earlier in the season. Very briefly, the Isbjorn's course was north along
the coast of West Greenland, with stops at Godhavn, N u û gssuak, the Ryder Islands,
and Thule, and then across Smith Sound to Cape Sabine and Bache Peninsula;
then southward by the east coasts of Ellesmere Island and Baffin Island as
far as the newly discovered Cambridge Gulf; then southeastward across Baffin
Bay to Godhavn, and so home.
Mapping and charting was carried out at the little-known Cary Islands,
but the most important geographical discoveries were on the Baffin Island
coast around Cambridge Gulf, between latitudes 71° and 72° 30′ N., where a
deep fjord system with 600 miles of new coast line was explored and mapped.
Six fjords up to 60 miles in length cut southwestward through a high mountain
land to lower levels. The fjord walls were up to 3,000 ft. in height, but
above was an old land plateau or peneplain, covered in places by icecaps
which spilled down the fjord walls in numerous cascading and valley glaciers.
The outer fringe of this newly discovered region had been frequented by
Dundee whalers in the latter part of the 19th century, and wrecks and wreckage
were frequently found, as well as traces of occasional recent visits by Eskimos.
The geologists made important discoveries at N u û gssuak and Ubekjendt
Island. Interesting work was also done on the Thule Sandstone at the base
of the Cambrian system.
The main archaeological investigations were made at Turnstone Beach in

EA-Biog. Scott: J. M. Wordie

Buchanan Bay, Ellesmere Island. Attempts were being made to locate Eskimo
remains on the route by which they must have originally reached Greenland.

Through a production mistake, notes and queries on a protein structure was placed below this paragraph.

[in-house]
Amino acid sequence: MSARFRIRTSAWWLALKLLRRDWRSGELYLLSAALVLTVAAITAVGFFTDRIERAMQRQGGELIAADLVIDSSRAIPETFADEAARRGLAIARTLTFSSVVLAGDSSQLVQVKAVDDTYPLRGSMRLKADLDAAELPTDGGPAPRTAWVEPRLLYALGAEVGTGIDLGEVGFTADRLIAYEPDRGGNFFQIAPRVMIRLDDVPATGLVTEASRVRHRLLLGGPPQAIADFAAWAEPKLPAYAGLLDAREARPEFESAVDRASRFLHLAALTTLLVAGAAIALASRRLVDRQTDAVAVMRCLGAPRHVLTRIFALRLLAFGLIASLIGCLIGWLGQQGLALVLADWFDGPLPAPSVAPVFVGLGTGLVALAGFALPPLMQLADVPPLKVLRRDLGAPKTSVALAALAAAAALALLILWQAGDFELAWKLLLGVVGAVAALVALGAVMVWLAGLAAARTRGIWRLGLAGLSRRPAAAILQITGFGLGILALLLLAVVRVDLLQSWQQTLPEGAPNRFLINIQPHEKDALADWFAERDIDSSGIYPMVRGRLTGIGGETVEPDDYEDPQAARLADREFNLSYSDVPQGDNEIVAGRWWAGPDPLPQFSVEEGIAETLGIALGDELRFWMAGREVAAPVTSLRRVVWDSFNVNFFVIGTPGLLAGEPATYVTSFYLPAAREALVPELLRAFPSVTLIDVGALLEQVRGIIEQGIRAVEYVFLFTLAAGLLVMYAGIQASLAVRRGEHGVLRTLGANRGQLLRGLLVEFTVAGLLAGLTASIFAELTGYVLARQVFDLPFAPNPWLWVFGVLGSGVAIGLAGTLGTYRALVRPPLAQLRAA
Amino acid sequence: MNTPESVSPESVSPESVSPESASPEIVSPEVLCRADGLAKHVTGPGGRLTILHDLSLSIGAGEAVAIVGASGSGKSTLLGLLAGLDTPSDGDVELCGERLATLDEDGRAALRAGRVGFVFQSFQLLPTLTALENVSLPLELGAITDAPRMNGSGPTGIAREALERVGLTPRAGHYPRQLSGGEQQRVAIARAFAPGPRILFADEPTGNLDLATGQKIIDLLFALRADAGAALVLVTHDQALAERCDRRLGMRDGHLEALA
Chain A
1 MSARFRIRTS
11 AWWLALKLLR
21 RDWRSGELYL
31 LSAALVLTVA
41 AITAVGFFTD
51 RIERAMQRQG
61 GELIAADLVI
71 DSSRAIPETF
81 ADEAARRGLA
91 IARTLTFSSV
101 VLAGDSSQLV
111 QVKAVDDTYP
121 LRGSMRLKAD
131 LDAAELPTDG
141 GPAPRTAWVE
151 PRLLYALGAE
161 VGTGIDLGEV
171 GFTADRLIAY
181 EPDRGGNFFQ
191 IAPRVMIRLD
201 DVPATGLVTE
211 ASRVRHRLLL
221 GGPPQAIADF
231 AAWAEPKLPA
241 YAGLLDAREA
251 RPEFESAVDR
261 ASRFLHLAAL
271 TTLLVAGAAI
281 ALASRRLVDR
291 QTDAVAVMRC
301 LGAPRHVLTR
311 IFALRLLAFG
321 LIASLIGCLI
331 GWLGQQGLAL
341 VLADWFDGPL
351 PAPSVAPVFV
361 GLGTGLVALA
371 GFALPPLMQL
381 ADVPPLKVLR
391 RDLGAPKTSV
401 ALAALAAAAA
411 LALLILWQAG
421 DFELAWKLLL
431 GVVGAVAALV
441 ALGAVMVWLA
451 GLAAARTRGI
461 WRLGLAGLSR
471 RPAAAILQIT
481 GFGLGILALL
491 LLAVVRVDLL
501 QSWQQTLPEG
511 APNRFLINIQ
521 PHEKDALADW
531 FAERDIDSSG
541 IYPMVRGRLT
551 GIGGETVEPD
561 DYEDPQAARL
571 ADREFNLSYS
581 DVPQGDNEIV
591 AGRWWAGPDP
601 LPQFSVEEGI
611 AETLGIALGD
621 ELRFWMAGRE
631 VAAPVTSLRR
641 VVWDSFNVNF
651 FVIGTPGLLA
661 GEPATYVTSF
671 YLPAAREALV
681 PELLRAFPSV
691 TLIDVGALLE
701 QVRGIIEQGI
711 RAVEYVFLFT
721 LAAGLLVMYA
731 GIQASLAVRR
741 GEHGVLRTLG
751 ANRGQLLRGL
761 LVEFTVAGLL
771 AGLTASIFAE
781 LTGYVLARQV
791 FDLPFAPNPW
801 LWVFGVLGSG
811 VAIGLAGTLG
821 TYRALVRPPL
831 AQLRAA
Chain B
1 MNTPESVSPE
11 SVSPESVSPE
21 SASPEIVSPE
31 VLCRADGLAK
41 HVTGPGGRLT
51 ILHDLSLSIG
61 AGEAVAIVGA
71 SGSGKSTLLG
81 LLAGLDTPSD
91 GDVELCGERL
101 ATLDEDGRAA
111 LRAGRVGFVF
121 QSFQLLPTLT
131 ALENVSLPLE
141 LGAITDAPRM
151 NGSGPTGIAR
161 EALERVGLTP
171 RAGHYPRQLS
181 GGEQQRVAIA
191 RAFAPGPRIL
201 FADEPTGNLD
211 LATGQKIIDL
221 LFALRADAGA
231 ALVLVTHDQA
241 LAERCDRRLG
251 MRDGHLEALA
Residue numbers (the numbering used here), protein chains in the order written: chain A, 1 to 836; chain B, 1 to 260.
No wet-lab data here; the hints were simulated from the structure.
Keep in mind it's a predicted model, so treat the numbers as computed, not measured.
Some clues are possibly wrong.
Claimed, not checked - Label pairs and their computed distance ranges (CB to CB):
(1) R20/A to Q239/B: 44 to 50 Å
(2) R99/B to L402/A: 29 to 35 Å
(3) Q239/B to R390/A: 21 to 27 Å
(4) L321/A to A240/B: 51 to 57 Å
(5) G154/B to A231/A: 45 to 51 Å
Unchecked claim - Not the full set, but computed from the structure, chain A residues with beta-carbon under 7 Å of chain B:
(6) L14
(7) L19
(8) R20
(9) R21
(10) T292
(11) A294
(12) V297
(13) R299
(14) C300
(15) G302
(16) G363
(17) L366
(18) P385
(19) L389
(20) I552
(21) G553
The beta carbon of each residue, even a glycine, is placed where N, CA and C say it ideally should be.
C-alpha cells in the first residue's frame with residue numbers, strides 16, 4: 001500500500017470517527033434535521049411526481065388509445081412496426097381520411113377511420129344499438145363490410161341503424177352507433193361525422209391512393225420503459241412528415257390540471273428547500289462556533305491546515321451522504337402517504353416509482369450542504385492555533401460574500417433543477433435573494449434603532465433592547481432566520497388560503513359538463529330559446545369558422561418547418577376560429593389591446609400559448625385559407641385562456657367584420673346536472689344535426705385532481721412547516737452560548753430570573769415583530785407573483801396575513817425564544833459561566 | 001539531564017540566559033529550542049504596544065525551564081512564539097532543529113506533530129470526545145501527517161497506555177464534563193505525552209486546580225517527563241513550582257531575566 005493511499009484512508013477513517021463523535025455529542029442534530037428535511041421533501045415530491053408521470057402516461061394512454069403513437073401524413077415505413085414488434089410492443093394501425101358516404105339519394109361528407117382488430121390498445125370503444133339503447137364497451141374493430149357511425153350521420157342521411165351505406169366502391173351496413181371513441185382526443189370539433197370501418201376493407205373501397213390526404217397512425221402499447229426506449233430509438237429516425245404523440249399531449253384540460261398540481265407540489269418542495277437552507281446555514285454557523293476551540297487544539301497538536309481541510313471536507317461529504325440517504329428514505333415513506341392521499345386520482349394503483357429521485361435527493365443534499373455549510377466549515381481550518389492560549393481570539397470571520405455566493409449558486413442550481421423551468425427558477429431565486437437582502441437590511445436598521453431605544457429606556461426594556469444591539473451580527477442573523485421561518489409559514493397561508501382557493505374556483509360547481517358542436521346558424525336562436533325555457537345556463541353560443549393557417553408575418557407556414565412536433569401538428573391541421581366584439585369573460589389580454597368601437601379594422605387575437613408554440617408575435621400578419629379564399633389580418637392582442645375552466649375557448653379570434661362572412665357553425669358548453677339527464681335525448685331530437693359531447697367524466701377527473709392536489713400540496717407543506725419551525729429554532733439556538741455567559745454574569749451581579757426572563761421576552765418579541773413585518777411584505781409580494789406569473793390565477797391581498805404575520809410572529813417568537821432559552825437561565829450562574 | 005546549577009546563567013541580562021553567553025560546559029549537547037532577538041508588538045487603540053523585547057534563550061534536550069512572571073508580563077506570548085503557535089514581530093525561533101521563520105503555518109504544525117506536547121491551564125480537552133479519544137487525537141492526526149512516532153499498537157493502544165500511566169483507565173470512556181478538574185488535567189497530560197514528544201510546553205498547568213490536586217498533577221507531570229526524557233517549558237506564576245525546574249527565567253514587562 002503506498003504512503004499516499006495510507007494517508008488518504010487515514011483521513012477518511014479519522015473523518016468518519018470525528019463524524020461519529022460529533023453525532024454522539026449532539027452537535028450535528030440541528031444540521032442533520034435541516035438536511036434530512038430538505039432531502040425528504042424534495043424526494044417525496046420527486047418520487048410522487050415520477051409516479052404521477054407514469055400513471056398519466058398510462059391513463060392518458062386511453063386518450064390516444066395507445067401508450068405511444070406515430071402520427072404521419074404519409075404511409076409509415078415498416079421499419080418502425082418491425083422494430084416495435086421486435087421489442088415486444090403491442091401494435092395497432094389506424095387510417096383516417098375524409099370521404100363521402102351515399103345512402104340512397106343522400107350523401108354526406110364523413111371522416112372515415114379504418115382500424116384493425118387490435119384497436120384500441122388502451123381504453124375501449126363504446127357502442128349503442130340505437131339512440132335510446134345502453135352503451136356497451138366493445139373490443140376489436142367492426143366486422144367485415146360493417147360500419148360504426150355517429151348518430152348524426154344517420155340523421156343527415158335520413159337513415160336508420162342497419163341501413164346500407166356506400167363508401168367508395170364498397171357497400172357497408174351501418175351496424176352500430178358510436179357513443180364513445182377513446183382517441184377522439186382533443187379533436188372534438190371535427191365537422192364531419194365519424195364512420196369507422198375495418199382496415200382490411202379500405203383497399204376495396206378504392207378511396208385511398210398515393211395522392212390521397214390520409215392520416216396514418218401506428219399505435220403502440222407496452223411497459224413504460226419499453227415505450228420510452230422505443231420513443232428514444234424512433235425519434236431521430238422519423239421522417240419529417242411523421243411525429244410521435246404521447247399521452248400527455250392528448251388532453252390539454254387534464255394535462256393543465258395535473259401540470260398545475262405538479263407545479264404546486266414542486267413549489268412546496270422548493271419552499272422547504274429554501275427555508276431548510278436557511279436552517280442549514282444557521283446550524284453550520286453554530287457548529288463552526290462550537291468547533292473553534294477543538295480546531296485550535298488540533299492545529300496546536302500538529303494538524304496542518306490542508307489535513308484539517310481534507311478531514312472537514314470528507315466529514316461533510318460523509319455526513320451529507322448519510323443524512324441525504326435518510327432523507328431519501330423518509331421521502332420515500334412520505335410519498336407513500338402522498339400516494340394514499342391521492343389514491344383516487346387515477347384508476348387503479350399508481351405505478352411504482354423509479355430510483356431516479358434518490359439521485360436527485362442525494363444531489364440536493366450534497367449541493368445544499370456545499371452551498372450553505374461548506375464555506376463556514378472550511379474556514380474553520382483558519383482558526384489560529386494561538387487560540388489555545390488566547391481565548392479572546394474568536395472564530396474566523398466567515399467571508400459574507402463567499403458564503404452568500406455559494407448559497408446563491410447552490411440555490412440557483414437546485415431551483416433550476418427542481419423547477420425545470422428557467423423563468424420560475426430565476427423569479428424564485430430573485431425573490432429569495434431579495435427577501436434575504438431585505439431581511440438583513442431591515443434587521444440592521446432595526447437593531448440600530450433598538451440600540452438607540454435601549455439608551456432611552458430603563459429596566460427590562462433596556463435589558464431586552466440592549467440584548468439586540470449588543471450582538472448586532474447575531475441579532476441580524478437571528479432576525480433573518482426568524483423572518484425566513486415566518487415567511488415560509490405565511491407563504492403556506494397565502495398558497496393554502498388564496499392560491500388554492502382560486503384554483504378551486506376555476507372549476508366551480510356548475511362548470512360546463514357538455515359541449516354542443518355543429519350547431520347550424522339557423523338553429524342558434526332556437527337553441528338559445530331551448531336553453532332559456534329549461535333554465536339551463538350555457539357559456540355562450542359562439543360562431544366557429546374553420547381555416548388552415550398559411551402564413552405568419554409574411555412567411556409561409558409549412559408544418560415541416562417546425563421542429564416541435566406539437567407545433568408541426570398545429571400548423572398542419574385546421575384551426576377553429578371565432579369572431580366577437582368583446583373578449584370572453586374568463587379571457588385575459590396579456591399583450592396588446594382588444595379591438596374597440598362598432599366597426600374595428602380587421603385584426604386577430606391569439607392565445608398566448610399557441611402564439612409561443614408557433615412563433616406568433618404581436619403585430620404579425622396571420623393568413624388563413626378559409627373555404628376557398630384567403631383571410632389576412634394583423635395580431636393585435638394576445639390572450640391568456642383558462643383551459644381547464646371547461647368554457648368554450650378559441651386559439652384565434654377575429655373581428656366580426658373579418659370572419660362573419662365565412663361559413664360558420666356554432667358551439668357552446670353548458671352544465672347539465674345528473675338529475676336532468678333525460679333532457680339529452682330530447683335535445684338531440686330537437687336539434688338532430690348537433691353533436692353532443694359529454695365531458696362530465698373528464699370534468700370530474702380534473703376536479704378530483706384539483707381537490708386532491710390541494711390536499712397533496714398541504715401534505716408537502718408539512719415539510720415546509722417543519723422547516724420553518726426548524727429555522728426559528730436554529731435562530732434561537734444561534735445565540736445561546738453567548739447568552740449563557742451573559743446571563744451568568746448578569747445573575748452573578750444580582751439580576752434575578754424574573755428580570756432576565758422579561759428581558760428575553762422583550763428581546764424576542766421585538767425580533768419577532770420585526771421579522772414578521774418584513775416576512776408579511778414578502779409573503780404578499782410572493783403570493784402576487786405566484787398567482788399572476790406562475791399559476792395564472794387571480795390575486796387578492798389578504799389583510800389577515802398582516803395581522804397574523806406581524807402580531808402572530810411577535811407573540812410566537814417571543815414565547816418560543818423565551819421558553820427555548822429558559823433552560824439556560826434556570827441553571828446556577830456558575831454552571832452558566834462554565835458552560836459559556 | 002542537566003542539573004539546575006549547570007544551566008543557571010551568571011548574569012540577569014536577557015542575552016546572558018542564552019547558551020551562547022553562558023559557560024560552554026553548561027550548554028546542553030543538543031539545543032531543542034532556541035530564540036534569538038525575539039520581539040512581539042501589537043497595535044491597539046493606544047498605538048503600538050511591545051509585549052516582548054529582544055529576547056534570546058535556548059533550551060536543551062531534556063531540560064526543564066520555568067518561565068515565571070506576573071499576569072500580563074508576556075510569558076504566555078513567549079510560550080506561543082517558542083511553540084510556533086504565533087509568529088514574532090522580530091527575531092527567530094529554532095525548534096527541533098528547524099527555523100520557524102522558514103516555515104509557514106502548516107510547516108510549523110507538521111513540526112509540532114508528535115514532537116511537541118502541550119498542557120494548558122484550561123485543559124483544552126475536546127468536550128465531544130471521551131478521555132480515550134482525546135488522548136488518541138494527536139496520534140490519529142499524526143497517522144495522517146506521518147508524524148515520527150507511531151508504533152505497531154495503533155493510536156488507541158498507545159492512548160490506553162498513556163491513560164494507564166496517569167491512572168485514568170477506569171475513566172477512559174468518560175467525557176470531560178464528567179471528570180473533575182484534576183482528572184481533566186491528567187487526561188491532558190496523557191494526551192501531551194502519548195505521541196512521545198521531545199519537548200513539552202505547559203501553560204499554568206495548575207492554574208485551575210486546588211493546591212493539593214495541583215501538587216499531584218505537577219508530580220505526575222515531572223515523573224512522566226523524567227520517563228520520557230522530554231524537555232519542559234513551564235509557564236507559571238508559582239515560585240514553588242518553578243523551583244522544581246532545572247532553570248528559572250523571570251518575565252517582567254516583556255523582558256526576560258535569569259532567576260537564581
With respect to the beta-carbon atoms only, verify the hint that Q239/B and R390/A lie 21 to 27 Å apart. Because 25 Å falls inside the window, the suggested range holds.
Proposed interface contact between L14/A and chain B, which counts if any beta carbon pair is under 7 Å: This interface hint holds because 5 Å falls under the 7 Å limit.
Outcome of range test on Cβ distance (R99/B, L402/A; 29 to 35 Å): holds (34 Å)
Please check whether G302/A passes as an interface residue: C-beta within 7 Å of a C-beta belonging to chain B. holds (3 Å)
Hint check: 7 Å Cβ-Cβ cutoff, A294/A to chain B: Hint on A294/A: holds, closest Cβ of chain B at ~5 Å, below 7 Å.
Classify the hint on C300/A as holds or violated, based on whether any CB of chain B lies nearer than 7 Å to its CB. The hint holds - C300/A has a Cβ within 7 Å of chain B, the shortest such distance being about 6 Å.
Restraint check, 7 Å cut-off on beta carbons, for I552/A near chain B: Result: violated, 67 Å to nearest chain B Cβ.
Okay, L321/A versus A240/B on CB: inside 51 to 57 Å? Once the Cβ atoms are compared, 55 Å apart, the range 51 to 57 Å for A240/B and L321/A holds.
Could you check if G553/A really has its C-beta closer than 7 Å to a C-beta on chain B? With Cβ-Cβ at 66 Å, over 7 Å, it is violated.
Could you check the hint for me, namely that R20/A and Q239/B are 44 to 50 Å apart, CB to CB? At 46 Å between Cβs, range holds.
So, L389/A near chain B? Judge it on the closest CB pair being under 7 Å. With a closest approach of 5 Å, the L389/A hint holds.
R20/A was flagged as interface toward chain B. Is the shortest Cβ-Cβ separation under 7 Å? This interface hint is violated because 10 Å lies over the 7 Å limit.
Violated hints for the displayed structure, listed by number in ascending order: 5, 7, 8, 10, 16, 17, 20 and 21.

The open year gave exceptional opportunities, and the digging of old sites
yielded rich results. In the course of the digging an unexpected find was
the discovery of Dr. Cook's winter quarters in an abandoned Eskimo hut at
Cape Hardy (Cape Sparbo) in Jones Sound.
The most original and interesting scientific work was that concerned
with cosmic ray investigations. To assist this unusual work with balloons,
the Royal Society had made a special grant of £ 800, and the Physics Depart–
ments at both Cambridge and Edinburgh universities had also contributed. The
Geomagnetic Pole (Magnetic Axis Pole) being to the east of Smith Sound, about
two degrees north of Thule, the course of the Isbjorn offered valuable
opportunities.
Observations were made by apparatus lifted on balloons to exceptionally
high levels. Two different types of apparatus were used. Carmichael had
designed and constructed one in the Cavendish Laboratory at Cambridge. This
consisted of a light-weight ionization chamber with electroscope and a small
camera which recorded the latter at work, the air pressure and temperature
being also recorded on the slowly revolving film. Recovery of the apparatus
was obviously necessary at the conclusion of the flight. Dymond's apparatus
was a triple-coincidence Geiger counter set with wireless transmission both
of the counts and the barometric pressure. Thus recovery was not essential.
Both types of apparatus were lifted by a pair of balloons and parachutes.